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She calls for Portia's red-hot coal, the dagger of

Lucretia, And bawls for Rosamonda's bowl of rhubarb and

magnesia !

Tom felt a sympathetic twinge, and try'd a gentle

lenitive; “ Your bumps, queer file, 0," quoth Deville, “ are

call'd philo-progenitive ! To conquer this amativeness dewelop'd on your

cranium, With Wilhelmina go succeed, for she's your suc


shall meet hereafter free and unfettered. But thou wilt live out thy time upon earth. Fulfil then thy destiny, and act with energy. Salute all whom I loved, and who loved me in return. Till, in all eternity we meet, thy

CHARLOTTE.' This heroic lady felt that nothing but a real and lasting sorrow could give another direction to her husband's thoughts, and save him from madness, and she offered herself a willing sacrifice to his happiness! The novel experiment has been crowned with success! Since her death he has quite recovered; he feels himself able and willing to fulfil her last declared wishes, and has written some verses addressed to her friends, in which he explains her motives and conduct, and its influences on himself!”


Tom tipp'd a wink, and scamper'd off like winkin,

in high feather; The parson fee’d—the wedding folks had all a feed


His room with friends was over-run, his cup of bliss

run over; He took to moping-mops and brooms !-his wife

took him to DoverThe doctor recommended air, and exercise, and

jauntingQuoth Tom,“Hang exercise and air! when, zounds!

the right heir's wanting !"Away they tripp'd to Bagnigge Wells, to Turnham

Green, and Chelsea ; Sad Wilhelmina sigh’d, “ My Love I never more

shall well see !

'Twas Fair time, and St. Bartlemy had got a merry

touch for him ; But rattles, jews-harps, salt-boxes, horns, muffs,

might be too much for him! He quite forgot his chronic pains, among his gay

old cronies; And munch'd his supper in the pens, of mustard

and polonies ;

The beer bred wit and bravery, and he resolv'd to

thump any That cross'd him as he homeward reel'd, and roar'd

“ Whitbread and Company!"

He reach'd his room at two o'clock, the candles in

the casement, Foretold the livers by their lights, were all in queer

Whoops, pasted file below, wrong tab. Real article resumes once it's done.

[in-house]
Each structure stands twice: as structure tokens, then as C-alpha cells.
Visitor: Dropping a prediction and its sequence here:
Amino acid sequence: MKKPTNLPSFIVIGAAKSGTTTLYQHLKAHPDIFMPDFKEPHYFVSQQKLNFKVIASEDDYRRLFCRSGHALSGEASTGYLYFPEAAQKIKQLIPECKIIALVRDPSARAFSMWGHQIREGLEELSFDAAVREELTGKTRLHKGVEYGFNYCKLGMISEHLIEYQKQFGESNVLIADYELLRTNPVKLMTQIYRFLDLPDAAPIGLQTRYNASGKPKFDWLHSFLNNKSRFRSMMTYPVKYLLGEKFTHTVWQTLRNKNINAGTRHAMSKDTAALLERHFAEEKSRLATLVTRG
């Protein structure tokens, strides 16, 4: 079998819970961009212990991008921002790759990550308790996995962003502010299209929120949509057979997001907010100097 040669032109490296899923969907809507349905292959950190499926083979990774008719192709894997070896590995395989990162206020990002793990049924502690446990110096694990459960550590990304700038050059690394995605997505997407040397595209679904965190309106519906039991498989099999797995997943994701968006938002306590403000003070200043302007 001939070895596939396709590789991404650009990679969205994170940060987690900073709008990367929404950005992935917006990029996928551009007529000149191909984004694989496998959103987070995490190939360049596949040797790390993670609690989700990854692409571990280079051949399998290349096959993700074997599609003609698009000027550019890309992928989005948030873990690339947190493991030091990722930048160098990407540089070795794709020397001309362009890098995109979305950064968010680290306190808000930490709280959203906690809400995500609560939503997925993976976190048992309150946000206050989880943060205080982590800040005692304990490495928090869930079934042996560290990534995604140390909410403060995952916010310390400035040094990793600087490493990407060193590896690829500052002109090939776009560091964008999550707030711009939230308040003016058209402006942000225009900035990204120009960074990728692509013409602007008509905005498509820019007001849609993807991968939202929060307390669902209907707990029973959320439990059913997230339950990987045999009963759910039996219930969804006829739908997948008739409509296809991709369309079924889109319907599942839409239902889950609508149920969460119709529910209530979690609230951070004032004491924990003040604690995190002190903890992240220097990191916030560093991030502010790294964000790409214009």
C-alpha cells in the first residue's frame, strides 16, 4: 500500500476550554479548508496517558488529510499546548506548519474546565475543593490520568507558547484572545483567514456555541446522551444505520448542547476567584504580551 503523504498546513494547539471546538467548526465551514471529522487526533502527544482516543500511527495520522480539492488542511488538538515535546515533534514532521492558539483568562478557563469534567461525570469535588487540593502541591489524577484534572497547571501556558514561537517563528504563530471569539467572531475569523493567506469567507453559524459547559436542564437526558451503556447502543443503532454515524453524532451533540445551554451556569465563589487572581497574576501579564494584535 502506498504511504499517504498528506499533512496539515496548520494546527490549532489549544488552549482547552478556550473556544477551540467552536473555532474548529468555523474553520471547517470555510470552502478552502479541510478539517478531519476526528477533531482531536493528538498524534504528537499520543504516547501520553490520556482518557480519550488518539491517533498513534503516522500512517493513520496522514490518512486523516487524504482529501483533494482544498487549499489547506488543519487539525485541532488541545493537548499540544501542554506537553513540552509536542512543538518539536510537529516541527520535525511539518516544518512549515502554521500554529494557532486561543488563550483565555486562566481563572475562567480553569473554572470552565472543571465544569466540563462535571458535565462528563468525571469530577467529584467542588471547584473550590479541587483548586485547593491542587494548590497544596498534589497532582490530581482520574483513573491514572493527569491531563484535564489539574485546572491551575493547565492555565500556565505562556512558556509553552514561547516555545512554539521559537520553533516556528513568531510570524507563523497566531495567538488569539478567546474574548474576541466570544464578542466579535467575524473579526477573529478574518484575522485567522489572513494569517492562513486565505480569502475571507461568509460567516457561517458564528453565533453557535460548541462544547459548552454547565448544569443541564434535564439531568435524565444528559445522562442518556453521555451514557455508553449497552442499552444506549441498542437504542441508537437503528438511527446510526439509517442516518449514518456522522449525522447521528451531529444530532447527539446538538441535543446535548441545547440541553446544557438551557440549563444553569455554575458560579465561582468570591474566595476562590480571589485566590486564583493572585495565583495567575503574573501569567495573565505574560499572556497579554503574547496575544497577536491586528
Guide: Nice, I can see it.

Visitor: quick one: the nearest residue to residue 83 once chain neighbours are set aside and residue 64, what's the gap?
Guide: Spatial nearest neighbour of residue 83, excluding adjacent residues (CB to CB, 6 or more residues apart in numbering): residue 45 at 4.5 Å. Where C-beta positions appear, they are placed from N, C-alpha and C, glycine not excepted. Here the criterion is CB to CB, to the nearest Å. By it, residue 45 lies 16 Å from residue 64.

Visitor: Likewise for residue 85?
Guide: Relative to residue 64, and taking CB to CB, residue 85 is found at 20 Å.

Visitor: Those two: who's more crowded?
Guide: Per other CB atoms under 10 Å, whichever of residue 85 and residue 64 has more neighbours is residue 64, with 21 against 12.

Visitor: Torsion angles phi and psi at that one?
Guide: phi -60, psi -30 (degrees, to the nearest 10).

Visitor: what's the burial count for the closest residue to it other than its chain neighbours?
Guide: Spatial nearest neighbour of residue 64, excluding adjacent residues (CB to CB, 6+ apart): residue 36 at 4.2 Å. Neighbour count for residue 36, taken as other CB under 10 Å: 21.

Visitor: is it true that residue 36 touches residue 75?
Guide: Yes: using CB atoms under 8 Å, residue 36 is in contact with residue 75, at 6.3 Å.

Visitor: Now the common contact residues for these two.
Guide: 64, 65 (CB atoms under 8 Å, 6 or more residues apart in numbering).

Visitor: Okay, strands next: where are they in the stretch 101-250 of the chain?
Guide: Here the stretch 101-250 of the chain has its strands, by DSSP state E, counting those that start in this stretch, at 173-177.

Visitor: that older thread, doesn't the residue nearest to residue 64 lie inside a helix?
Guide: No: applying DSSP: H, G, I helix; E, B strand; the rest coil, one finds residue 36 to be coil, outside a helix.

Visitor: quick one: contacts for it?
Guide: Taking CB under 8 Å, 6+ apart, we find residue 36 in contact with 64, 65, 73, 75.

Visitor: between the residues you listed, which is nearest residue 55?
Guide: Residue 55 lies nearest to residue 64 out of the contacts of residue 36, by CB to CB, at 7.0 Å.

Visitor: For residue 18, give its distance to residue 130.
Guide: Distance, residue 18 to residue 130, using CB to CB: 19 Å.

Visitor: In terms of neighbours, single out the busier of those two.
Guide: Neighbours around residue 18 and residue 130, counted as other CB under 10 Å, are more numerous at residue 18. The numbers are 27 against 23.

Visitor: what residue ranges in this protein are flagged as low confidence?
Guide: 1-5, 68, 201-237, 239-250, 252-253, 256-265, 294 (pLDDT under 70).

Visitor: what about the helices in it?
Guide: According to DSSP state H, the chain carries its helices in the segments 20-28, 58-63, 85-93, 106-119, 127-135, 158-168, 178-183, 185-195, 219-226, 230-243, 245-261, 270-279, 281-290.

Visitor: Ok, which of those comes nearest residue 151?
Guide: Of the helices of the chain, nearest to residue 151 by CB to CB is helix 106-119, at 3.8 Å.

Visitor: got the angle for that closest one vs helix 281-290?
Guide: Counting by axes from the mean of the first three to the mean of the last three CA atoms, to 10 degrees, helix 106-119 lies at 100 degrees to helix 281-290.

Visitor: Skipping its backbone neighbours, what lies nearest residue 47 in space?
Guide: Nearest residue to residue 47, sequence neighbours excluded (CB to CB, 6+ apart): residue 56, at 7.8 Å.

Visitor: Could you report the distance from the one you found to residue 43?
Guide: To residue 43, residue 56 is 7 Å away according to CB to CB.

amazement ! Such hurry, scurry, mobbing, sobbing, down stairs,

ay, and tearing up! “ Here's h-ll and Tommy now to do;" cries Tom,

my wife is flaring up!" Ah! what a sight did he behold, how ghostily and

dreadful, When peeping through the door, he threw his

peepers on the bed full.

There Wilhelmina Shuttle lay, poor lamb, as dead

as mutton! Her cheek much whiter than the gown so lily-white

she'd put on; A bodkin stuck fast in her side, a letter penn'd so

neatly In German Text! bespoke her death, and told the

cause completely;

“Dear Tom, you run stark mad for joy, now try a

touch of sadness; You'll find in grief a great relief—I die, to cure

your madness !”

Tom stood aghast—“ 'Tis love! 'tis love! how furious,

fond, and fickle hers!” And then he wrote her dad in rhyme the full and

true partic'lars; Soon after this felo-de-se, among the prime odd

fellows, His spirits rose, he rose to sing,.“ Old Rose, and

burn the bellows !" He cut the loom, a stroller turn'd, and in the Tale

of Mystery, He courts Miss Tree!-and so concludes ourstrange,

eventful Hist'ry.



Which may be chanted to the Tune of “ My Love

is but a Lassie yet.”

Sam Twist was a tailor in Threadneedle-street,

His spirits were low, and his fever was high; He lost all his gumption, by a gallopping con

sumption, And though he didn't like it, he was like to die !

“ I dispose of, I'm so indispos'd, to my rib,

All the goods in my shop, and the money in my till; Though oft, common case! I'd her claws in my face,

I sha'n't scratch her off, by a clause in my will!

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“My dear, I'll be dress'd like a buck, in my best, Charon won't care a rap, if I'm wrapp'd in a

shroud; I'll march to his boat in my blue Sunday coat,

For fear Mr. Twist should be lost in the crowd !

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